Our team will evaluate you to determine whether you’re a good candidate for liver transplant surgery. During this evaluation, you will meet with a hepatologist (liver specialist) and transplant surgeon. These doctors will talk with you about your medical history. They may order lab work or other tests. You will also meet with a dietitian, a financial consultant, a social worker and your transplant coordinator. This team will answer your questions and offer additional information.

Your liver transplant evaluation

If you are a candidate for liver transplant and you choose to proceed, you will be recommended for a living donor transplant and/or placed on the national waitlist for a deceased donor transplant. The United Network for Organ Sharing (UNOS) operates this list. UNOS matches organs to patients based on blood type, weight and degree of illness. While you wait, you will have regular visits with the UW Health liver transplant team. During these visits, we monitor your condition and provide support and education.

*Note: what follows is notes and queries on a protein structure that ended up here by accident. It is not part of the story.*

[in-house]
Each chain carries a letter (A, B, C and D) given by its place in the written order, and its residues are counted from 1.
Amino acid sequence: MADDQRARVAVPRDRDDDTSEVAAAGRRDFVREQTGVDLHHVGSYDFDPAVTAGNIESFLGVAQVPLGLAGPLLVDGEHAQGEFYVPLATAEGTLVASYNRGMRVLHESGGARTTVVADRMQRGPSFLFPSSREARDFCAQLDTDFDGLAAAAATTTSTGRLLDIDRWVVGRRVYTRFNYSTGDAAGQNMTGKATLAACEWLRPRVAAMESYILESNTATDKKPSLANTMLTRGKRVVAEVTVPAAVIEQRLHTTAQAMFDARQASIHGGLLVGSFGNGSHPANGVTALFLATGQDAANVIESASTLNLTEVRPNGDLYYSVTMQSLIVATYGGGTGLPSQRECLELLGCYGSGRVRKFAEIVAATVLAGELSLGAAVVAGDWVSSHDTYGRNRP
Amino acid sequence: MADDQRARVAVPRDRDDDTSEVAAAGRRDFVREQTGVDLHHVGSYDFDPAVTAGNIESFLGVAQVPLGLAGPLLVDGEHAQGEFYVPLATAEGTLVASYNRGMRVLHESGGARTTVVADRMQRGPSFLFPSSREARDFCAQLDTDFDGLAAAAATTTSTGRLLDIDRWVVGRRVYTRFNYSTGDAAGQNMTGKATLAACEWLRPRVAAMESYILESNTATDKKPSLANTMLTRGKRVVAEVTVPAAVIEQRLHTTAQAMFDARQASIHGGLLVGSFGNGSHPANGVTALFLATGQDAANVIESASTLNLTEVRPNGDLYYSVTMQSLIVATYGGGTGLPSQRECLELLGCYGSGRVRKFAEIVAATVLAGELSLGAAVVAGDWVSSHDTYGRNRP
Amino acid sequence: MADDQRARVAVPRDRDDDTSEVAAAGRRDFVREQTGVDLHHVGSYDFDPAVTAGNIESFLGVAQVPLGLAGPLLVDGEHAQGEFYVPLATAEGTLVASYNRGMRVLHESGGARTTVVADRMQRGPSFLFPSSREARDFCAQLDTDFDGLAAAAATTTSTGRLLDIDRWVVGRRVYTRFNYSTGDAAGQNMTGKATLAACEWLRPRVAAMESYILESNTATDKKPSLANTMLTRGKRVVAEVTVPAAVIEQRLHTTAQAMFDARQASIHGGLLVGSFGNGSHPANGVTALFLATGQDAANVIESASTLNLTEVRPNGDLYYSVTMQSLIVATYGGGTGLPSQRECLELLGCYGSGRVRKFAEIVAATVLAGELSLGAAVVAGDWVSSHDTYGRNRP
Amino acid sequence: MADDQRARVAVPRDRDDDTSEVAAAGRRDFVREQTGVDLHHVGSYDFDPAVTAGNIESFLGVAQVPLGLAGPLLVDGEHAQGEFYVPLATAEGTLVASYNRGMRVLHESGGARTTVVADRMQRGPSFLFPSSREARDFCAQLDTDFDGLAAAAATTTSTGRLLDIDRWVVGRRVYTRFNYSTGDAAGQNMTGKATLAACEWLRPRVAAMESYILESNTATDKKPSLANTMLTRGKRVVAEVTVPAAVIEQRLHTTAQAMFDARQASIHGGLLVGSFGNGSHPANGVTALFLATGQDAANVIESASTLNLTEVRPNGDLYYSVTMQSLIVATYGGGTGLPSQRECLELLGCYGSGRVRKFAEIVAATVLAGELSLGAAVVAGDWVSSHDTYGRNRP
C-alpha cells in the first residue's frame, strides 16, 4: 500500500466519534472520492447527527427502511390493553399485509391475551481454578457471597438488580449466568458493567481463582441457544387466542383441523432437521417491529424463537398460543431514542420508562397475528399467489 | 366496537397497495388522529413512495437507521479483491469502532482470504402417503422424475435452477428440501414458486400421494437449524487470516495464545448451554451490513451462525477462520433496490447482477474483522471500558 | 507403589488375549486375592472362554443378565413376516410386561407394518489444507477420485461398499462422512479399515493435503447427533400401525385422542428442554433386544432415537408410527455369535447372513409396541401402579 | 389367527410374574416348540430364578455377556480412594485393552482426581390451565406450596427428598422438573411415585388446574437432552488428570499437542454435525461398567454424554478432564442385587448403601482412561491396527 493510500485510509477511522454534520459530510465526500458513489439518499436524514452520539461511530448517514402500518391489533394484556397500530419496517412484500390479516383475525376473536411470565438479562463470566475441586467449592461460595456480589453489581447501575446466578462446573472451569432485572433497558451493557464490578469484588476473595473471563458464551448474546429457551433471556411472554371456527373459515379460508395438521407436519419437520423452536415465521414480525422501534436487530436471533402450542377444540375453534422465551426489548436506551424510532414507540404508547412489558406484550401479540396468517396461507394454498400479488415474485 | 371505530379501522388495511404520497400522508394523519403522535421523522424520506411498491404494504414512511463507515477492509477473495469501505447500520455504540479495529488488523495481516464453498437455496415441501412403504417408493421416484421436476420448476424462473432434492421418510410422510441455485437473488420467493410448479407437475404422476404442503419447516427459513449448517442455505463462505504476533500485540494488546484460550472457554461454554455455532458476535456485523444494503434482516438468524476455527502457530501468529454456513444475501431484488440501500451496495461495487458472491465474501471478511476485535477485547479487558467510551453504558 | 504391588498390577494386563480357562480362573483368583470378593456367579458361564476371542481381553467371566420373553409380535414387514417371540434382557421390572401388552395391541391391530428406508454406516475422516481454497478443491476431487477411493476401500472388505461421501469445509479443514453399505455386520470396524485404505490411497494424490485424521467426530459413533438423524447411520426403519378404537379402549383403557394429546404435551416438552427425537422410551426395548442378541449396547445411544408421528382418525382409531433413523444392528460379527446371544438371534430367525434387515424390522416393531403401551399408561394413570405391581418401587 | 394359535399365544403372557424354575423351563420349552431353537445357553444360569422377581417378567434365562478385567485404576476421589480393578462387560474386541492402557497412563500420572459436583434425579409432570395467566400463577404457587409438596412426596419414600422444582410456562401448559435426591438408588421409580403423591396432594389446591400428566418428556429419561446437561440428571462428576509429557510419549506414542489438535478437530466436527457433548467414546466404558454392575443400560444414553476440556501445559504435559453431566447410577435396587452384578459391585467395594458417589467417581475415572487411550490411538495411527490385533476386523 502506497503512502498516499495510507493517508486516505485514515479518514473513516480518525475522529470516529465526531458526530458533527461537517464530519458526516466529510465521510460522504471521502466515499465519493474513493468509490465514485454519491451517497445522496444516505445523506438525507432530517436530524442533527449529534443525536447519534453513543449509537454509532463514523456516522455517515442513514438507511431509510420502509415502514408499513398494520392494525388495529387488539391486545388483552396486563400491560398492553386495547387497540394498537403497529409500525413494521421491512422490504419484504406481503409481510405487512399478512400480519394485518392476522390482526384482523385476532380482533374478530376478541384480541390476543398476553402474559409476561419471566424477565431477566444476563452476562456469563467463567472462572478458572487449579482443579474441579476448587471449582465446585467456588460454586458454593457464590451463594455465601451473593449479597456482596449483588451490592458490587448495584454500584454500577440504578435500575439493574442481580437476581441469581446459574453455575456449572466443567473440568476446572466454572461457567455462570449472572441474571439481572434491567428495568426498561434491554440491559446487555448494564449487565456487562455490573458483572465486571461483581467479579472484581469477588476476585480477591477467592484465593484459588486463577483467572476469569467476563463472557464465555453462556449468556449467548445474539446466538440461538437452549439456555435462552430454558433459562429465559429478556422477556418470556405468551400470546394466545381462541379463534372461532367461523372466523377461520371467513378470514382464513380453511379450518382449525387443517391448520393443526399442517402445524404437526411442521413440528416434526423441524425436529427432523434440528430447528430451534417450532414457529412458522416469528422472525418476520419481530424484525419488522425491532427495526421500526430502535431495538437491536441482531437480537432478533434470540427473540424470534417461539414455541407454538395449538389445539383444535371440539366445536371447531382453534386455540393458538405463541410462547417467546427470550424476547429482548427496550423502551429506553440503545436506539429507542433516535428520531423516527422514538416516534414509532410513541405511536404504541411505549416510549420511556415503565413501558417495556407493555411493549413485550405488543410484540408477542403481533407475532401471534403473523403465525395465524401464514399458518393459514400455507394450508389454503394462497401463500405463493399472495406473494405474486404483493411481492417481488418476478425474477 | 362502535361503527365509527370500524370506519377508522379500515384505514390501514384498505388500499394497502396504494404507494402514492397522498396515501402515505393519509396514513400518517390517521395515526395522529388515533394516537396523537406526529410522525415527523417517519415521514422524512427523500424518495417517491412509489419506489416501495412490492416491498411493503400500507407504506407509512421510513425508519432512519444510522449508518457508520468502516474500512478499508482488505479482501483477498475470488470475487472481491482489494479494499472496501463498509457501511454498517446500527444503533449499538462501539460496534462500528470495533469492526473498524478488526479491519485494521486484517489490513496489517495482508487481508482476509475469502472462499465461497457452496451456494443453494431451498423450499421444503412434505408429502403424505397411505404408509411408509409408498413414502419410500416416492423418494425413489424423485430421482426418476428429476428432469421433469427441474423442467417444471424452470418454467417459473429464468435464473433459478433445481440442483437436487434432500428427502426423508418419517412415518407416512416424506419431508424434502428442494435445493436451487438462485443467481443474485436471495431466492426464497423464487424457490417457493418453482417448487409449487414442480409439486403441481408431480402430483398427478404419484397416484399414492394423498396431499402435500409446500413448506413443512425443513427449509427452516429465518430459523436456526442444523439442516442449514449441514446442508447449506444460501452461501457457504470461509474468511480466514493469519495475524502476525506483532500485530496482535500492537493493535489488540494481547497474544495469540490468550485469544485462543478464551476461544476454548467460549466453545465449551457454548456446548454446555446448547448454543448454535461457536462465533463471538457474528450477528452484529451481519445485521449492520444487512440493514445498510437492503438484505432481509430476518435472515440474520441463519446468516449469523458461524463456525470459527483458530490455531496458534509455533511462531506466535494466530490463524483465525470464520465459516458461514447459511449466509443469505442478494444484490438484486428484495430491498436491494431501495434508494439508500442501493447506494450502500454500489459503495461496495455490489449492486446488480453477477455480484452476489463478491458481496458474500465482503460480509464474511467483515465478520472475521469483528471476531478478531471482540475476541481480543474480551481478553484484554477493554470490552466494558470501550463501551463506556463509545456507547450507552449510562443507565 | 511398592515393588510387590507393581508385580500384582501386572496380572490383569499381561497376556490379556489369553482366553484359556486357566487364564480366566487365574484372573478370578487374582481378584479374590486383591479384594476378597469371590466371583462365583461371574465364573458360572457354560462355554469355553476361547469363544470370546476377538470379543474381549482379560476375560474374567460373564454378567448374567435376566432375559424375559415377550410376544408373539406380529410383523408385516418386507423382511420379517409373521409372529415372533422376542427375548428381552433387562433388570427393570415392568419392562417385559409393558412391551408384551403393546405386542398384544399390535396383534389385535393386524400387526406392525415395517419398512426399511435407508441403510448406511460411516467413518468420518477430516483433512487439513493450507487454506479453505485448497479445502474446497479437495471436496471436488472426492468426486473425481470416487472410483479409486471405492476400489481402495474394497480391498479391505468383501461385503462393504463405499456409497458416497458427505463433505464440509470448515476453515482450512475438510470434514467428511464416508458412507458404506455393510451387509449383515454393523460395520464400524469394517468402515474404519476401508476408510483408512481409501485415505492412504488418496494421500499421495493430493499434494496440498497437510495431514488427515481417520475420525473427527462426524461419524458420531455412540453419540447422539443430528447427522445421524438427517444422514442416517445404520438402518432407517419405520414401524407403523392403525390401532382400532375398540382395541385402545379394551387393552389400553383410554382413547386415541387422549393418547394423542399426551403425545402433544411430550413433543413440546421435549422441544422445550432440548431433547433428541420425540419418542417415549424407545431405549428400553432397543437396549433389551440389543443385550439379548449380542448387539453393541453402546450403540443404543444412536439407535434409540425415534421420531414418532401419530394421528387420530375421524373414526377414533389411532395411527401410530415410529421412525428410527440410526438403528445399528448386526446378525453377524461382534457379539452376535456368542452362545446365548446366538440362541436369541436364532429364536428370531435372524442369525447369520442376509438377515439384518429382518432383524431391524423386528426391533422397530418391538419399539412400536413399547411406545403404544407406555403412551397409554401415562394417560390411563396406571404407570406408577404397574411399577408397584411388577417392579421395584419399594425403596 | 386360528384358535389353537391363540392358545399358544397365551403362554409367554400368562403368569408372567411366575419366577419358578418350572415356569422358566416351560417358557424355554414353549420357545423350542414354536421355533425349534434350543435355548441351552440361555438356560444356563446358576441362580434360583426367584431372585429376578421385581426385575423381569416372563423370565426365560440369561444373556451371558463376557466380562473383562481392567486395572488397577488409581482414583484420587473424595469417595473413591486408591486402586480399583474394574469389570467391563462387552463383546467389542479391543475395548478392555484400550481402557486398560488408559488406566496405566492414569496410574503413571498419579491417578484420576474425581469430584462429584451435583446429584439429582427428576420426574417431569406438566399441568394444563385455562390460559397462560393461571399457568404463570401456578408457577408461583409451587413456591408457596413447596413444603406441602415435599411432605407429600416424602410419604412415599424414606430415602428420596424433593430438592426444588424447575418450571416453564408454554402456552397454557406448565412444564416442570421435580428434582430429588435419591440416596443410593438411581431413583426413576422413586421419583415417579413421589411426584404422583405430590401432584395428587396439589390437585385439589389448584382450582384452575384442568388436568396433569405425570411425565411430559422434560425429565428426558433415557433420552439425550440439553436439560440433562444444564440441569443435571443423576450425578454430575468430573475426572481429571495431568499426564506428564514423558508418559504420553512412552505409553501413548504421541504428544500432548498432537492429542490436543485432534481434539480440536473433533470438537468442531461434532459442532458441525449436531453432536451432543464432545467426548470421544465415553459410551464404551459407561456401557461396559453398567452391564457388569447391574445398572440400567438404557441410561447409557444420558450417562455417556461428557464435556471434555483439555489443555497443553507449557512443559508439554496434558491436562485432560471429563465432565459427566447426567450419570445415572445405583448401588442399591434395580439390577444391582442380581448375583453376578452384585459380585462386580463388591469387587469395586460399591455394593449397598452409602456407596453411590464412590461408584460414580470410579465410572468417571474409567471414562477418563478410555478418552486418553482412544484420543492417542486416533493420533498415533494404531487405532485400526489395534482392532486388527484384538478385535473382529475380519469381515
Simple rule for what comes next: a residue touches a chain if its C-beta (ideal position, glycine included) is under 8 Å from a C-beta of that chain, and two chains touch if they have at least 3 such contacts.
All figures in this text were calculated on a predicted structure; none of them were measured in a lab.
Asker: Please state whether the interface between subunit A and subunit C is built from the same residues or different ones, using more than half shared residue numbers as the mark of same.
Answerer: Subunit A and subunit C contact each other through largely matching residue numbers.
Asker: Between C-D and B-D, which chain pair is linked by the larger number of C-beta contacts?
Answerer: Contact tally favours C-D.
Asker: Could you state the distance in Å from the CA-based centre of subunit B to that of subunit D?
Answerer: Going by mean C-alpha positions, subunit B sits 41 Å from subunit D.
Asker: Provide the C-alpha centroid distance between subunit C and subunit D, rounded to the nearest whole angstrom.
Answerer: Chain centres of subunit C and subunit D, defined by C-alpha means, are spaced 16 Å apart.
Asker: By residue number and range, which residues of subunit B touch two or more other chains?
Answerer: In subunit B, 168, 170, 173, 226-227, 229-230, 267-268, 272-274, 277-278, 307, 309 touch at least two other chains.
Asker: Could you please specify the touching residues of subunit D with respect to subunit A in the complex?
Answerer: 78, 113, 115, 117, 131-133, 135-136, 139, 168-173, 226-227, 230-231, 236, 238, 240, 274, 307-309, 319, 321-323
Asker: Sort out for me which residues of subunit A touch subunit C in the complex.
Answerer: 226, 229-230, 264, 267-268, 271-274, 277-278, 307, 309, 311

United Network for Organ Sharing (UNOS)

When a liver becomes available, you will be asked to come to the hospital within a few hours. Your surgery will begin soon after you arrive and may take up to 10 hours to complete. You can expect to spend 10 to 15 days in the hospital following your transplant surgery. During this recovery time, you will learn about new medications, self-care and follow-up.